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Apr 7th, 9:00 AM Apr 7th, 12:00 PM

Investigating HIV/HCV Incidence and Barriers to Care in the Region of Northeast Tennessee

Culp Ballroom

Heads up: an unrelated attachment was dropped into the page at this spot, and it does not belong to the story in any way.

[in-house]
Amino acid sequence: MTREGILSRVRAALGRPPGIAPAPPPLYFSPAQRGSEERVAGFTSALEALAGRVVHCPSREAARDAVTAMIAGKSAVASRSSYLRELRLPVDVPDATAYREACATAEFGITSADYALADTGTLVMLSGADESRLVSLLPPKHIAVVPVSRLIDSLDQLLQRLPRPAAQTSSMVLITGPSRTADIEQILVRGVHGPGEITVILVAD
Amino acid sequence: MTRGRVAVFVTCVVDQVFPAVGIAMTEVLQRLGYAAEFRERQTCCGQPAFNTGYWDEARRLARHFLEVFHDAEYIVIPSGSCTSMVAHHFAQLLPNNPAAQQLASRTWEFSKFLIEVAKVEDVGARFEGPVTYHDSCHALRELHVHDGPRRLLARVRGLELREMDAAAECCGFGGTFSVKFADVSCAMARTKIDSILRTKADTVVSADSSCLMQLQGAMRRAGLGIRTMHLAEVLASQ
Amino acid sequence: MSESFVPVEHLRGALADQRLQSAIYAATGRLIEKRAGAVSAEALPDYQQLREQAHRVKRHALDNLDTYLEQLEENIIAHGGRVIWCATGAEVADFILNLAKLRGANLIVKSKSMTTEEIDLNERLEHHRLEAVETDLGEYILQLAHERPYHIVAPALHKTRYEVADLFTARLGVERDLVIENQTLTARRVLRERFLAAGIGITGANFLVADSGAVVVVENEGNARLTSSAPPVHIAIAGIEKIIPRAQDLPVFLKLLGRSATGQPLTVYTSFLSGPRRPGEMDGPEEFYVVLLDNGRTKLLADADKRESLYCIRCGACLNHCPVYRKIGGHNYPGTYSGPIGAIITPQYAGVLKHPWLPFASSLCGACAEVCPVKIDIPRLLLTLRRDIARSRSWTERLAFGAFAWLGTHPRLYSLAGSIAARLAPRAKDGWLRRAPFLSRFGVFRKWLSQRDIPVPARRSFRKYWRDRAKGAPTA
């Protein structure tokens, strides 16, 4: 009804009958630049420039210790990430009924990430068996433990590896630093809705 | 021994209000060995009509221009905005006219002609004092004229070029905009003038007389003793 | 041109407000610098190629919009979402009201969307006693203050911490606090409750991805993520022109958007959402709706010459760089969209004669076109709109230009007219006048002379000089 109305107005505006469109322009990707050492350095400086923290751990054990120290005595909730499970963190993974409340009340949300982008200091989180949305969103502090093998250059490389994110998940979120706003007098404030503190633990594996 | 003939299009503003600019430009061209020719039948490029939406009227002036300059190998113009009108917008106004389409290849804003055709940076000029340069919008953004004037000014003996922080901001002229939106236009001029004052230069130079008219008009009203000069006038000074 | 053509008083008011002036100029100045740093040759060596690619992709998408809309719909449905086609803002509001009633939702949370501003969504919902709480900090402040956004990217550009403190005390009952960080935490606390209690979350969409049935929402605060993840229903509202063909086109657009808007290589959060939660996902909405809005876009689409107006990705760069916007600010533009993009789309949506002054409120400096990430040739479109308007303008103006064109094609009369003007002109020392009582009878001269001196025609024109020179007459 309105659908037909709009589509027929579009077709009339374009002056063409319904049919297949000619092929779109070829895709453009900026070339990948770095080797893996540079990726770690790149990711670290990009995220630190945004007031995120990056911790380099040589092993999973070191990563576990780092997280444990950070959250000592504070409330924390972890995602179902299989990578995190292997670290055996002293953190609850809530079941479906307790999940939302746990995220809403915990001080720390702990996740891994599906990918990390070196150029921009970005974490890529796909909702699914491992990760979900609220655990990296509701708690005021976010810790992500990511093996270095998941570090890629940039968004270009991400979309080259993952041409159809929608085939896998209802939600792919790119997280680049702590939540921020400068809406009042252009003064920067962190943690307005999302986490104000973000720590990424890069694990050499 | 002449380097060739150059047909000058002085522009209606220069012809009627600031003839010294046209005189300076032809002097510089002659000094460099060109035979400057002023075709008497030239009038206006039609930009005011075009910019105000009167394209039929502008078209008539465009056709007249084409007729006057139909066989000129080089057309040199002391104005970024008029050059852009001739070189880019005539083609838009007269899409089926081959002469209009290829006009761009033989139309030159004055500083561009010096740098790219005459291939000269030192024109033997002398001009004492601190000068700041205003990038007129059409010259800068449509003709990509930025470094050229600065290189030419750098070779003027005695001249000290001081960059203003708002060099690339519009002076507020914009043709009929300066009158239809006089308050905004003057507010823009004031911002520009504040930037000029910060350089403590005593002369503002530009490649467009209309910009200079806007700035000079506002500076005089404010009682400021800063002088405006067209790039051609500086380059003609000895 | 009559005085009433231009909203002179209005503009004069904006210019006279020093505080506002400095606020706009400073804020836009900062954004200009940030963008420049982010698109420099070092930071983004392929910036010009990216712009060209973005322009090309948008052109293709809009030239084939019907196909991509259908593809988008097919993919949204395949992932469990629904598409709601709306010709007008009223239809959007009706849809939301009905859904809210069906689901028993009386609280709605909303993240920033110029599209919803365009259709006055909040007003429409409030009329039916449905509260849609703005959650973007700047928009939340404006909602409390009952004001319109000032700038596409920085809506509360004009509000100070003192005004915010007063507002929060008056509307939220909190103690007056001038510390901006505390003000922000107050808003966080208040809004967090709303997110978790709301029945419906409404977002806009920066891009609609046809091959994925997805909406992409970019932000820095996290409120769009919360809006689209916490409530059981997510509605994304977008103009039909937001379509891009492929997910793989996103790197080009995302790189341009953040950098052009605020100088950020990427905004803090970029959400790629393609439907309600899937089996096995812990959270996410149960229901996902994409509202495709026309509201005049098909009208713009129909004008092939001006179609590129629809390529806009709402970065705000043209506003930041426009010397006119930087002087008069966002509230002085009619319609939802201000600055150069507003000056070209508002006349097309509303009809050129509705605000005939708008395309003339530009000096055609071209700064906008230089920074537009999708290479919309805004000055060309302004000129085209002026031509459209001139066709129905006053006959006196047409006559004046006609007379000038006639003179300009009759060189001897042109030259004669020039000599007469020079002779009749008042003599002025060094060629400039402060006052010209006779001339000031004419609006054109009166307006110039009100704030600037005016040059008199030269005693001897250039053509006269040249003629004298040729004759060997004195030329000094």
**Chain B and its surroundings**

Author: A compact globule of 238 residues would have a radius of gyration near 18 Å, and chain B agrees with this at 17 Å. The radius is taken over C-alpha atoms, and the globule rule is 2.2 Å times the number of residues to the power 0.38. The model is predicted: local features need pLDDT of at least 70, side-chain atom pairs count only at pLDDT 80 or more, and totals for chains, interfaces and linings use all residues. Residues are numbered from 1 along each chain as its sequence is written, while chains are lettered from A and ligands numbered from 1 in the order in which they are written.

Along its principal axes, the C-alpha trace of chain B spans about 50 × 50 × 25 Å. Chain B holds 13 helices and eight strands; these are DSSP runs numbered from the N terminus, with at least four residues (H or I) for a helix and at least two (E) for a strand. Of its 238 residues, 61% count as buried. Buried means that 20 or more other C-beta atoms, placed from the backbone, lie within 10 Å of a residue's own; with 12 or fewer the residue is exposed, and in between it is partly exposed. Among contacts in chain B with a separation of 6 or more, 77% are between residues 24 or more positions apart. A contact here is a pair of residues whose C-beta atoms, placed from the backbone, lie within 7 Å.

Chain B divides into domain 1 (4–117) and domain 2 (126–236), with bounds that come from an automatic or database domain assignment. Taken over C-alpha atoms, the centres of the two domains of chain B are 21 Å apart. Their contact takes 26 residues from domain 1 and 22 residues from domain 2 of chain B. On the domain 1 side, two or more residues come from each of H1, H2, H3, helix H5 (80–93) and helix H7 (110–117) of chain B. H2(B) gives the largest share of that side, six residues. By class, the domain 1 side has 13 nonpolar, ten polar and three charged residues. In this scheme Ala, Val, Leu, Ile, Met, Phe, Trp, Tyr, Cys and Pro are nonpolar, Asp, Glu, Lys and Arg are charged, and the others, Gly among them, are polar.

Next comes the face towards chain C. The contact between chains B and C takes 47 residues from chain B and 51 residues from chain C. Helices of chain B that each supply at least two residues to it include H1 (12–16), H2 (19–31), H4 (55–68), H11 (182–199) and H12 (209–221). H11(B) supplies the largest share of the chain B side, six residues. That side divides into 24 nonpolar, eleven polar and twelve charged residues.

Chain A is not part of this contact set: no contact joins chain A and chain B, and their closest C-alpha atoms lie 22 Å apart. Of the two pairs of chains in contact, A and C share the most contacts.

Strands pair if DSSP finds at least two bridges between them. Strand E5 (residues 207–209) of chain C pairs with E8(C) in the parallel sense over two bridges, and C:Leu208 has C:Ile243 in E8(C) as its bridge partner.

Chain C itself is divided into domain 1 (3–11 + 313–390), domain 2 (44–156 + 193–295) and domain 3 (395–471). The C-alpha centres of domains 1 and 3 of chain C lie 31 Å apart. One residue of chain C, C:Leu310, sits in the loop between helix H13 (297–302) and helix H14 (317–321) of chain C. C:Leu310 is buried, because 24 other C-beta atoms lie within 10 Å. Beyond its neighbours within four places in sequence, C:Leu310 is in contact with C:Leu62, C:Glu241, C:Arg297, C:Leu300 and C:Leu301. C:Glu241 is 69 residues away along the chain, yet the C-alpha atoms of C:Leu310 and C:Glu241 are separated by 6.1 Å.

Current research suggests clear correlation between People Who Inject Drugs (PWID) struggling with Substance Use Disorder (SUD) and increased prevalence of Human Immunodeficient virus (HIV) and Hepatitis C (HCV) when compared to the general population. Current research also suggests clear correlation between decreased rates of HIV and HCV in communities with well supported Harm Reduction Programs such as Syringe Service Programs (SSP). The regions of Northeast Tennessee and East Tennessee have been flagged by the CDC as potential regions for future HIV outbreaks due to disproportionately high HCV rates. Prior to 2021, the incidence in of HIV in PWID in East Tennessee Region held consistent with about 15 new diagnoses per year. In 2021 this region reported 86 new diagnoses of HIV among PWID’s as well as an increase from 19.6% to 59.0% of total percentage of HIV incidence in this region associated with PWID’s. This data suggests a potential rapid HIV transmission event could occur in this region and surrounding areas, especially among PWID, area such as that seen in Scott County Indiana in 2015 that first prompted the CDC review of counties at highest risk of a potential outbreak. While there has not yet been a reported increase in incidence in our region of Northeast Tennessee, there is a high likelihood of our region’s population and health system getting impacted by this event. To further investigate what factors may have contributed to this event we called registered Tennessee and neighboring counties SSP’s within 100 miles radius to survey what their program was seeing in terms of HIV/HCV testing, participation accessibly, and weekly availability including changes since the onset of COVID-19 pandemic. We then reviewed data collected from participants at the region’s one local SSP, Syringe Trade and Education Program of Tennessee (STEP TN), a service provided by a partnership between Cempa Community Care and ETSU Center of Excellence for HIV/AIDS. We askedreviewed participants’ experiences regarding changes in accessibility they encountered over the last year including those contributable to the COVID-19 pandemic, changes in current drug use, barriers to HCV/HIV testing, and accessibility to supplies and healthcare. The goal of this project was to determine associations with the increased HIV incidence in the surrounding regions in hopes of mitigating the impact it might have on our region of Northeast Tennessee’s health system; we are not investigating causation or implying correlation to SSP programs, particularly as there is evidence supporting increased incidence of transmission of infectious disease following SSP closures. We plan to use the results for of this project to reduce barriers to care and increase accessibility and testing among PWID’s in our area.